“Honey… There’s a Piper in the Parlor!”

by Debra Chappell

View from my mother in law’s entry way on her 90th birthday (Amersham, England):

 Mood Reading: ZZZ’s:  Had a decent night’s sleep after staying up late to watch the Olympics, my new and I hope temporary obsession!  (How the heck am I going to get anything done over the next 17 days?)

I thought it only fitting to conclude my travel journal and our time in England (after a fabulous 5 days in Barcelona) to coincide with the Summer Olympics opening in London.  The Games officially launched two nights ago and I’m glued to the TV already on the second day of competition, watching sports I’d never normally pay any attention to. But you gotta love it!  Here I am yelling like a maniacal, die-hard fan of the US Men’s Volleyball team when only two days ago, I thought “dig”, “dink”, and “dive” were intricate dance steps on the ballroom floor!

When we were in England just over a week ago, we could see the extensive preparations and mounting national excitement for the London games. From the city’s Heathrow airport to the local tube stations, all had been cleaned, tidied, and spiffed up, sporting new cheery flower pots, freshly painted walls and benches, and yards and yards of red, white and blue patriotic bunting.  But despite all these meticulous arrangements, nothing compared to the eager anticipation building at number 34 The Drive, in the picturesque countryside of Buckinghamshire, the site of Steve’s Mum’s 90th birthday party celebration – the occasion for which we had come!

We arrived to a party/tea hosted by the neighbors on The Drive featuring the finger sandwiches, cakes and  sweet treats the Brits are so famous for.  The guest of honor was toasted, feted, and otherwise honored with a photo book of favorite neighborly memories, and over tea, champagne and anecdotes, we sipped the afternoon away.  Concluding with a superb, lavish cake made by one of the very artistic neighbors, it was a fitting celebration fit for the “Queen of The Drive”, as she is now known.  After 2 hours of sleep the night before and our early morning flight from Barcelona, the champagne and celebration caught up to us at about  9:30 p.m. and we crashed into bed quite unceremoniously  for the first decent night’s sleep since leaving home.

The celebratory weekend continued with the entire family the following day featuring a pre-arranged elaborate lunch in the old town at one of the trendy new restaurants that had recently received rave reviews.  Afterwards we all (including the 90 and 91 year old matriarch and patriarch) took a little walk-about in the old-town market – poking around the shops and braving the typical English drizzle. Then it was time for a collective nap, and much later, the hubby and I snuck out for a pint at the local pub.  It gave us the opportunity to text and call Steve’s brother and sister-in-law, who had left our company only an hour earlier, to coordinate and confirm the clandestine and somewhat elaborate plans for the following day – the piece de resistance — a surprise party for Mum.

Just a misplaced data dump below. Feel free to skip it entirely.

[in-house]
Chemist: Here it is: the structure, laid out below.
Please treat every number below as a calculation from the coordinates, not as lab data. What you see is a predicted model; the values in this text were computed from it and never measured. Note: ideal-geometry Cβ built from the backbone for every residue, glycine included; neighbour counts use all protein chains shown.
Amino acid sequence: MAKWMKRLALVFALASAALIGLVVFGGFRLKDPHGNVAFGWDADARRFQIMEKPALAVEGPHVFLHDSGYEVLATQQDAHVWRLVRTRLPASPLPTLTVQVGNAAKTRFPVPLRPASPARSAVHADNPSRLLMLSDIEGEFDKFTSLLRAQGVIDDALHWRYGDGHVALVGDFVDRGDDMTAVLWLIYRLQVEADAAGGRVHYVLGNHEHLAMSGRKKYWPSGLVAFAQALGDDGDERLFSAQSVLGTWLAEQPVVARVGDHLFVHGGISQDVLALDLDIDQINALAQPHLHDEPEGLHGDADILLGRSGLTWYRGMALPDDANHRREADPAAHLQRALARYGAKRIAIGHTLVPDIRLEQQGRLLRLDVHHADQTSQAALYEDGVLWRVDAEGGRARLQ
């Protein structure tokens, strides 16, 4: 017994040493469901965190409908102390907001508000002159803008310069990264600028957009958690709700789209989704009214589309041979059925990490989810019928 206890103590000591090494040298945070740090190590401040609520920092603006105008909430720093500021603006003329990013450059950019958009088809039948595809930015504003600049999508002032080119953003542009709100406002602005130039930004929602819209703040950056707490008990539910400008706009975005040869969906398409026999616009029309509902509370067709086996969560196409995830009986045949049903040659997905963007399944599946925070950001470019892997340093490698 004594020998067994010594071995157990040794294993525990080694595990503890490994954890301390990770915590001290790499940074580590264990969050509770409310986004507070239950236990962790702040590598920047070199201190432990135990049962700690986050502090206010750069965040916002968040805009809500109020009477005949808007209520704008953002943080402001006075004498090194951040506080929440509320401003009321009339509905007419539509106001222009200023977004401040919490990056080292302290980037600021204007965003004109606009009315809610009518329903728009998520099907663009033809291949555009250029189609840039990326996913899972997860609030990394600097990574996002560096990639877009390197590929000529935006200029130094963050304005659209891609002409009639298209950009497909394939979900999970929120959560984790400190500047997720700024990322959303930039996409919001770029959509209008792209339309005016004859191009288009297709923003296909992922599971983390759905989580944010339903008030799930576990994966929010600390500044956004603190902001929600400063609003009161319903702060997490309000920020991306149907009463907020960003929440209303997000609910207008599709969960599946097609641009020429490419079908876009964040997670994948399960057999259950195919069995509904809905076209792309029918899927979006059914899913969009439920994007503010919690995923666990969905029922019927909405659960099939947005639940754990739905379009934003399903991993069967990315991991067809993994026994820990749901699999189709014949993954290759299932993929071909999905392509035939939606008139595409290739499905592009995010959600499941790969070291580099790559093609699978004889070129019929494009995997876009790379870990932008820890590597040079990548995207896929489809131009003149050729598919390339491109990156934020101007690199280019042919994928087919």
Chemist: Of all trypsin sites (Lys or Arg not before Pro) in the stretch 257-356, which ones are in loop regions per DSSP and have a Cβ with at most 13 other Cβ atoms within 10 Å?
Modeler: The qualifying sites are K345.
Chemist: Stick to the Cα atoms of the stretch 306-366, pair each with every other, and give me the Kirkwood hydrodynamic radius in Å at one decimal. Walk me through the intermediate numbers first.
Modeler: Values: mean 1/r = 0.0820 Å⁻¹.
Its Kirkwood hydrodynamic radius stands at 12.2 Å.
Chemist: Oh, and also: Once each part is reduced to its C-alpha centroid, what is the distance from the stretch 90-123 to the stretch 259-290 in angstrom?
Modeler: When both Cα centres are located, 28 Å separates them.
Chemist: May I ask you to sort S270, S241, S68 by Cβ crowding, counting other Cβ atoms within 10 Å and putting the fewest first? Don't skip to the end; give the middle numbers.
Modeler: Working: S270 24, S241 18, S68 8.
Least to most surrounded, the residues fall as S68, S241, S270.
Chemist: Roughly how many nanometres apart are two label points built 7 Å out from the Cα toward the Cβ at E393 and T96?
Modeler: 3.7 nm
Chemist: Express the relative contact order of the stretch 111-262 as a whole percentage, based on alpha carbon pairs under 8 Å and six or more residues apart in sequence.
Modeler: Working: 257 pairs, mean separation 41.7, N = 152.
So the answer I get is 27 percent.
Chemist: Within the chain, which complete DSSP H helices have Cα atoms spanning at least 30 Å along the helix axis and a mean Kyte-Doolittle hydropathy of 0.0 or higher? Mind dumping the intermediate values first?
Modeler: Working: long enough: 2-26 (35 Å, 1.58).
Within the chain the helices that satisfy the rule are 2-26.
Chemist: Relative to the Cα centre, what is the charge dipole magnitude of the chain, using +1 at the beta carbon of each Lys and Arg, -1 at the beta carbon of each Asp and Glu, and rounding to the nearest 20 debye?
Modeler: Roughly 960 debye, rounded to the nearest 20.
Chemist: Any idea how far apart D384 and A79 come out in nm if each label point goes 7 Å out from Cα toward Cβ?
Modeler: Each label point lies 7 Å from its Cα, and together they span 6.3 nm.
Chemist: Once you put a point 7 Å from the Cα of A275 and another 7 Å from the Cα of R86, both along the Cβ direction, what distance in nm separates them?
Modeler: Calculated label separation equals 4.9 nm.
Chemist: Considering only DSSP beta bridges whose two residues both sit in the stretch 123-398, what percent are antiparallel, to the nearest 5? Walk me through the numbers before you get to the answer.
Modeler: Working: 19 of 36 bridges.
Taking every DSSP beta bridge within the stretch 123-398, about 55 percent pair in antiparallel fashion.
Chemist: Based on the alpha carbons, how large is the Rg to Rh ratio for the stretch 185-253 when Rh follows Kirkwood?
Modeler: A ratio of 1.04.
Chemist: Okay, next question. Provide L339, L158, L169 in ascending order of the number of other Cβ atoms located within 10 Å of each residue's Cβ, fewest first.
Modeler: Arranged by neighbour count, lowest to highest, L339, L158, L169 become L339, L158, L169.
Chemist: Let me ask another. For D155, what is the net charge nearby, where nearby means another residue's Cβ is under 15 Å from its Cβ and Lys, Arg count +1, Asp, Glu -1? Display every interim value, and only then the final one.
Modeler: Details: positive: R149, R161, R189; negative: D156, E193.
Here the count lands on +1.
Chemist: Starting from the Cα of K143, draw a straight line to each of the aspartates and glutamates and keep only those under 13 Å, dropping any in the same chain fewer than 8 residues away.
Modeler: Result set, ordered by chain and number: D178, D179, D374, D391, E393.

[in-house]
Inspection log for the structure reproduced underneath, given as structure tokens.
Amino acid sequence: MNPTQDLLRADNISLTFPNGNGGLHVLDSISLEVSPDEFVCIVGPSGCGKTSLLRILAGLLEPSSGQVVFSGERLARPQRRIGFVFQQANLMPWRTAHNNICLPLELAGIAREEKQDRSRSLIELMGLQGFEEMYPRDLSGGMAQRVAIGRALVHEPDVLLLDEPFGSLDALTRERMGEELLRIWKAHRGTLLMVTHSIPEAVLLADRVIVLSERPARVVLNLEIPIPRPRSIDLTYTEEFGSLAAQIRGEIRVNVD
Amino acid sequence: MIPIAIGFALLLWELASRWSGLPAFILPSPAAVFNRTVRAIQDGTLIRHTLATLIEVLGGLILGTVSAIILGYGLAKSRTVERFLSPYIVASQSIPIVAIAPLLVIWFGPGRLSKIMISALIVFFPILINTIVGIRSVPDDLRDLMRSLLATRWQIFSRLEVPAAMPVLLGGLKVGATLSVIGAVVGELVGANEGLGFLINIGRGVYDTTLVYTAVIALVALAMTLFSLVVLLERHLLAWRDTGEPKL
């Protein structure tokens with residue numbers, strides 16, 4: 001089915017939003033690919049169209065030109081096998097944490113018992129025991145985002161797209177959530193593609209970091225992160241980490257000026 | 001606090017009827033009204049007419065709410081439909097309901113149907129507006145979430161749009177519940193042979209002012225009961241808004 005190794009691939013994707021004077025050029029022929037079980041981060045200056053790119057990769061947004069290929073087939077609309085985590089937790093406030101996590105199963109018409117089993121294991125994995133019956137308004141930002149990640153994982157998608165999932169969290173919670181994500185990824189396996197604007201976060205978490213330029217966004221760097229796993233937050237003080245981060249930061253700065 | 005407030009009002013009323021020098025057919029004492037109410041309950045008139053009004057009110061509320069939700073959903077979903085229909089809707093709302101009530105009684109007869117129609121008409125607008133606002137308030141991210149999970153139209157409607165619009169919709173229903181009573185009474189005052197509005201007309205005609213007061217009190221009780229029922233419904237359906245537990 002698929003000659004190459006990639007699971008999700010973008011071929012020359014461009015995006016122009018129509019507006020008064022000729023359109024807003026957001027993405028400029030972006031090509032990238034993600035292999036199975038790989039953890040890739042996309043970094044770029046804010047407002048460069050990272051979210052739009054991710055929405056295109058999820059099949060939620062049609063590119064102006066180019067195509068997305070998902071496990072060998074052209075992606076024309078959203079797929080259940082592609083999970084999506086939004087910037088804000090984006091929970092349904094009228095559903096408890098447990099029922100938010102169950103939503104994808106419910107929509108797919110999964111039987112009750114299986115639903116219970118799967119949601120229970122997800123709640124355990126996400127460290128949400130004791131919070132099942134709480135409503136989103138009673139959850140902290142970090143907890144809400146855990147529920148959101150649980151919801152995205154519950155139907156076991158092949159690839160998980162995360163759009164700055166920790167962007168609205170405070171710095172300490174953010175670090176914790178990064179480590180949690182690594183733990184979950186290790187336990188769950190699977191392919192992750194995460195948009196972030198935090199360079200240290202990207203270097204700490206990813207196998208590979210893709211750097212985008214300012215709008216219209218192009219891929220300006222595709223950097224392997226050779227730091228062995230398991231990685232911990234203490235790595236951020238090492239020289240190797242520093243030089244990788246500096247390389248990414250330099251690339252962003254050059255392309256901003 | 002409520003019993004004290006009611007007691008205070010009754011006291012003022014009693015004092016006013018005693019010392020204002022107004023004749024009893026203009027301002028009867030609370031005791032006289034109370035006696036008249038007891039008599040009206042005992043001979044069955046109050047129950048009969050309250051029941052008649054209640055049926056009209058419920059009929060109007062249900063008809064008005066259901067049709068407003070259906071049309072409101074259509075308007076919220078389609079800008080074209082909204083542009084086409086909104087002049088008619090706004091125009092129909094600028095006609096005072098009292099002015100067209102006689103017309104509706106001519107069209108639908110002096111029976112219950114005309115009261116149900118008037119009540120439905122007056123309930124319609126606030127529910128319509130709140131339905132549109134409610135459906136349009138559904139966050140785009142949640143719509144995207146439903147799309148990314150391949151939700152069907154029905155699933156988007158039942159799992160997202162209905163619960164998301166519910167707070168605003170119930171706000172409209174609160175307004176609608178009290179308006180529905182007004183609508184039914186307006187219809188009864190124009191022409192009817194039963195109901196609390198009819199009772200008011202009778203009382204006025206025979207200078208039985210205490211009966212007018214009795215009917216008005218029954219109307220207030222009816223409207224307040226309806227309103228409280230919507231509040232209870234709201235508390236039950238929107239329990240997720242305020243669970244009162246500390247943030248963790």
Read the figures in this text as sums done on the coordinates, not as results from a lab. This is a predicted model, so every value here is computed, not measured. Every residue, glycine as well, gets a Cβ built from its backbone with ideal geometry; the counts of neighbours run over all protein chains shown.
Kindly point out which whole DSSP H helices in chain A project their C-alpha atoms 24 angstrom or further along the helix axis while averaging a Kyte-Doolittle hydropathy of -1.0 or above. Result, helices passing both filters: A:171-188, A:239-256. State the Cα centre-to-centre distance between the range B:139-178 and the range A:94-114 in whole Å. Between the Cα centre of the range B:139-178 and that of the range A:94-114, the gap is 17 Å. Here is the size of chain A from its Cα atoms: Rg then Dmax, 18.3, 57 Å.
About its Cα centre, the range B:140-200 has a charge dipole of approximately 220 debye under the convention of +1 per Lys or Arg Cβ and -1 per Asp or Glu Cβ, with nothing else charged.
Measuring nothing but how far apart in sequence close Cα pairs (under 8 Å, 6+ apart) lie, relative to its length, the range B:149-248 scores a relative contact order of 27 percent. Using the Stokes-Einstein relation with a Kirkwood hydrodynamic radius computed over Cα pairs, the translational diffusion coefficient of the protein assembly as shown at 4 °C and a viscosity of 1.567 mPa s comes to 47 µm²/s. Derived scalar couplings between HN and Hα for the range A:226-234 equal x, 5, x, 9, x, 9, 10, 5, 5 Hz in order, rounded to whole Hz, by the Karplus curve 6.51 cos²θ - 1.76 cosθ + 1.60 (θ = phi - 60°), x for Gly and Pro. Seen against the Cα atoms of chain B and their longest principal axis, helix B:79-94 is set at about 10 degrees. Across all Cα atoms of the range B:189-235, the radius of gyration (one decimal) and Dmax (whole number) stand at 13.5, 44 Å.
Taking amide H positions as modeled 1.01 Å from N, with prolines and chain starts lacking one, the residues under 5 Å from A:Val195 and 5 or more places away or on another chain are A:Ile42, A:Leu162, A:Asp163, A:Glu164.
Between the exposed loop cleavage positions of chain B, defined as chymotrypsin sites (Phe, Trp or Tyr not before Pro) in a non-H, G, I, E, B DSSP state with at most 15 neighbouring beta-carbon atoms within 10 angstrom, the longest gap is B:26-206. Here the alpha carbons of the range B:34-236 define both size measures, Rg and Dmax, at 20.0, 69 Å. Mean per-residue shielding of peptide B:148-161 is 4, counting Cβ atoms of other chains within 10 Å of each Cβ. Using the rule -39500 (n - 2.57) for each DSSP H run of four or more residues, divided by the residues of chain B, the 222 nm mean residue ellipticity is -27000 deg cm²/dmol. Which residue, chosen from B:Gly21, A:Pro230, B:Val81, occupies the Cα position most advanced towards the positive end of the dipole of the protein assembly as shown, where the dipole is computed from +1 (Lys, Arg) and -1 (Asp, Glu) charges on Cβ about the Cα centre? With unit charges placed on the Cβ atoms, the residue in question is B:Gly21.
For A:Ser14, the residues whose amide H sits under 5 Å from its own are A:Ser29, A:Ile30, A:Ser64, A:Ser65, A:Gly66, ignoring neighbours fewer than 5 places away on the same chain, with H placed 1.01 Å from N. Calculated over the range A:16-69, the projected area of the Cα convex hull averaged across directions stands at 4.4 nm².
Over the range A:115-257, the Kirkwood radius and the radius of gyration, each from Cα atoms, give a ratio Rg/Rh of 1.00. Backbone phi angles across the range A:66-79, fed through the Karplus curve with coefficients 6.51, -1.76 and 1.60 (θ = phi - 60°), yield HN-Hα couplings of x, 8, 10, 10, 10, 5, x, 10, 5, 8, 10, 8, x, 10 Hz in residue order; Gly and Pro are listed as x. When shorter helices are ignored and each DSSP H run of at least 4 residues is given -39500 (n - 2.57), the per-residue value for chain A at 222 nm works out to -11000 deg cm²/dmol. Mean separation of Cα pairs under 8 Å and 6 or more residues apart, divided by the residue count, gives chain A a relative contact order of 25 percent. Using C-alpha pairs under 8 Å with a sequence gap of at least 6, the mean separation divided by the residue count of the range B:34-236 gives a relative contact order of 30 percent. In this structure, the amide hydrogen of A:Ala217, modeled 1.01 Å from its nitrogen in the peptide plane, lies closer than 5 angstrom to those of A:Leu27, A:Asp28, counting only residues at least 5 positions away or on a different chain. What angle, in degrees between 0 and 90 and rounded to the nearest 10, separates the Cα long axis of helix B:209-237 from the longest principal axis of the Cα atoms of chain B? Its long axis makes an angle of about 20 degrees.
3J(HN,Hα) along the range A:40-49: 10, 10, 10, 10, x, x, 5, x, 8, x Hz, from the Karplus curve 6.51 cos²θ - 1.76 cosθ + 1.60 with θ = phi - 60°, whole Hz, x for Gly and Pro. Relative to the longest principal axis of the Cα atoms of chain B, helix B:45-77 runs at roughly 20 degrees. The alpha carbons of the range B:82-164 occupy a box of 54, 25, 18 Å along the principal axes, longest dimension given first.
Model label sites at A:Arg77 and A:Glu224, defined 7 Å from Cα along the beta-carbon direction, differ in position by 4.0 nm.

The following morning began typically, cups of tea around the breakfast table and lots of chat about the previous day’s activities.  Like a youngster on Christmas morning, Steve’s mum got up early to open the more than 60 birthday cards she’d received — and later in the morning I helped her string them up  through the entry way and living room.  She was looking forward to an intimate family birthday “lunch” catered by her grandson Aidan (an aspiring young ‘chef’), and had no idea there was something quite “more” in store until several of her friends of a lifetime started arriving.  Having thoroughly enjoyed the “surprise”, she settled into animated conversation and more champagne flowed as stories were shared and memories revisited.

Midway between the second course of shrimp pasta and the presentation of dessert, the room fell silent to hark the strange sound that was now emanating from the direction of the street outside.  The hubby had opened some of the windows moments earlier to alleviate the growing “stuffiness”, and now an undetermined “whining” could be heard above the jovial conversation. As the guests and birthday girl clambered around the front windows to get a better “listen”, the exotic tone grew in decibels, closer and closer, louder and louder, until the unmistakable wringing sound of Scottish bag-pipes burst through the front door and into the now shocked living room belting out “Scotland the Brave!”

Now, my mother-in-law, whose maiden name is the very Scottish “McKay” (pronounced Mac-Eye) has claimed for as long as I have known her,some 40 years, that anytime she hears Scottish bag-pipes, her “Scottish heart stirs!” Apparently they stir her 90 year old tootsies as well!  After she had recovered from the shock of it all, it didn’t take long before she and my husband were doing their best rendition of the Scottish jig in the middle of the living room and out into the back garden! Even the sun came out to celebrate and the burly and talented piper played an extensive repertoire of British favorites, graciously adding a few old Yankee standards in deference to some of the “attendees”.

Needless to say it was a splendid and fitting climax to a wonderful weekend of 90th birthday celebrations that will be remembered by all for a long time to come.  I have to admit, when I turn 90, I can only hope I’m able to walk-about in town, poke around the shops, rise early for a special day and dance the Scottish Jig in the back garden.  If I want at least a fighting chance at it, I guess I’m going to have to turn off the TV, Olympics not withstanding, and get off the couch!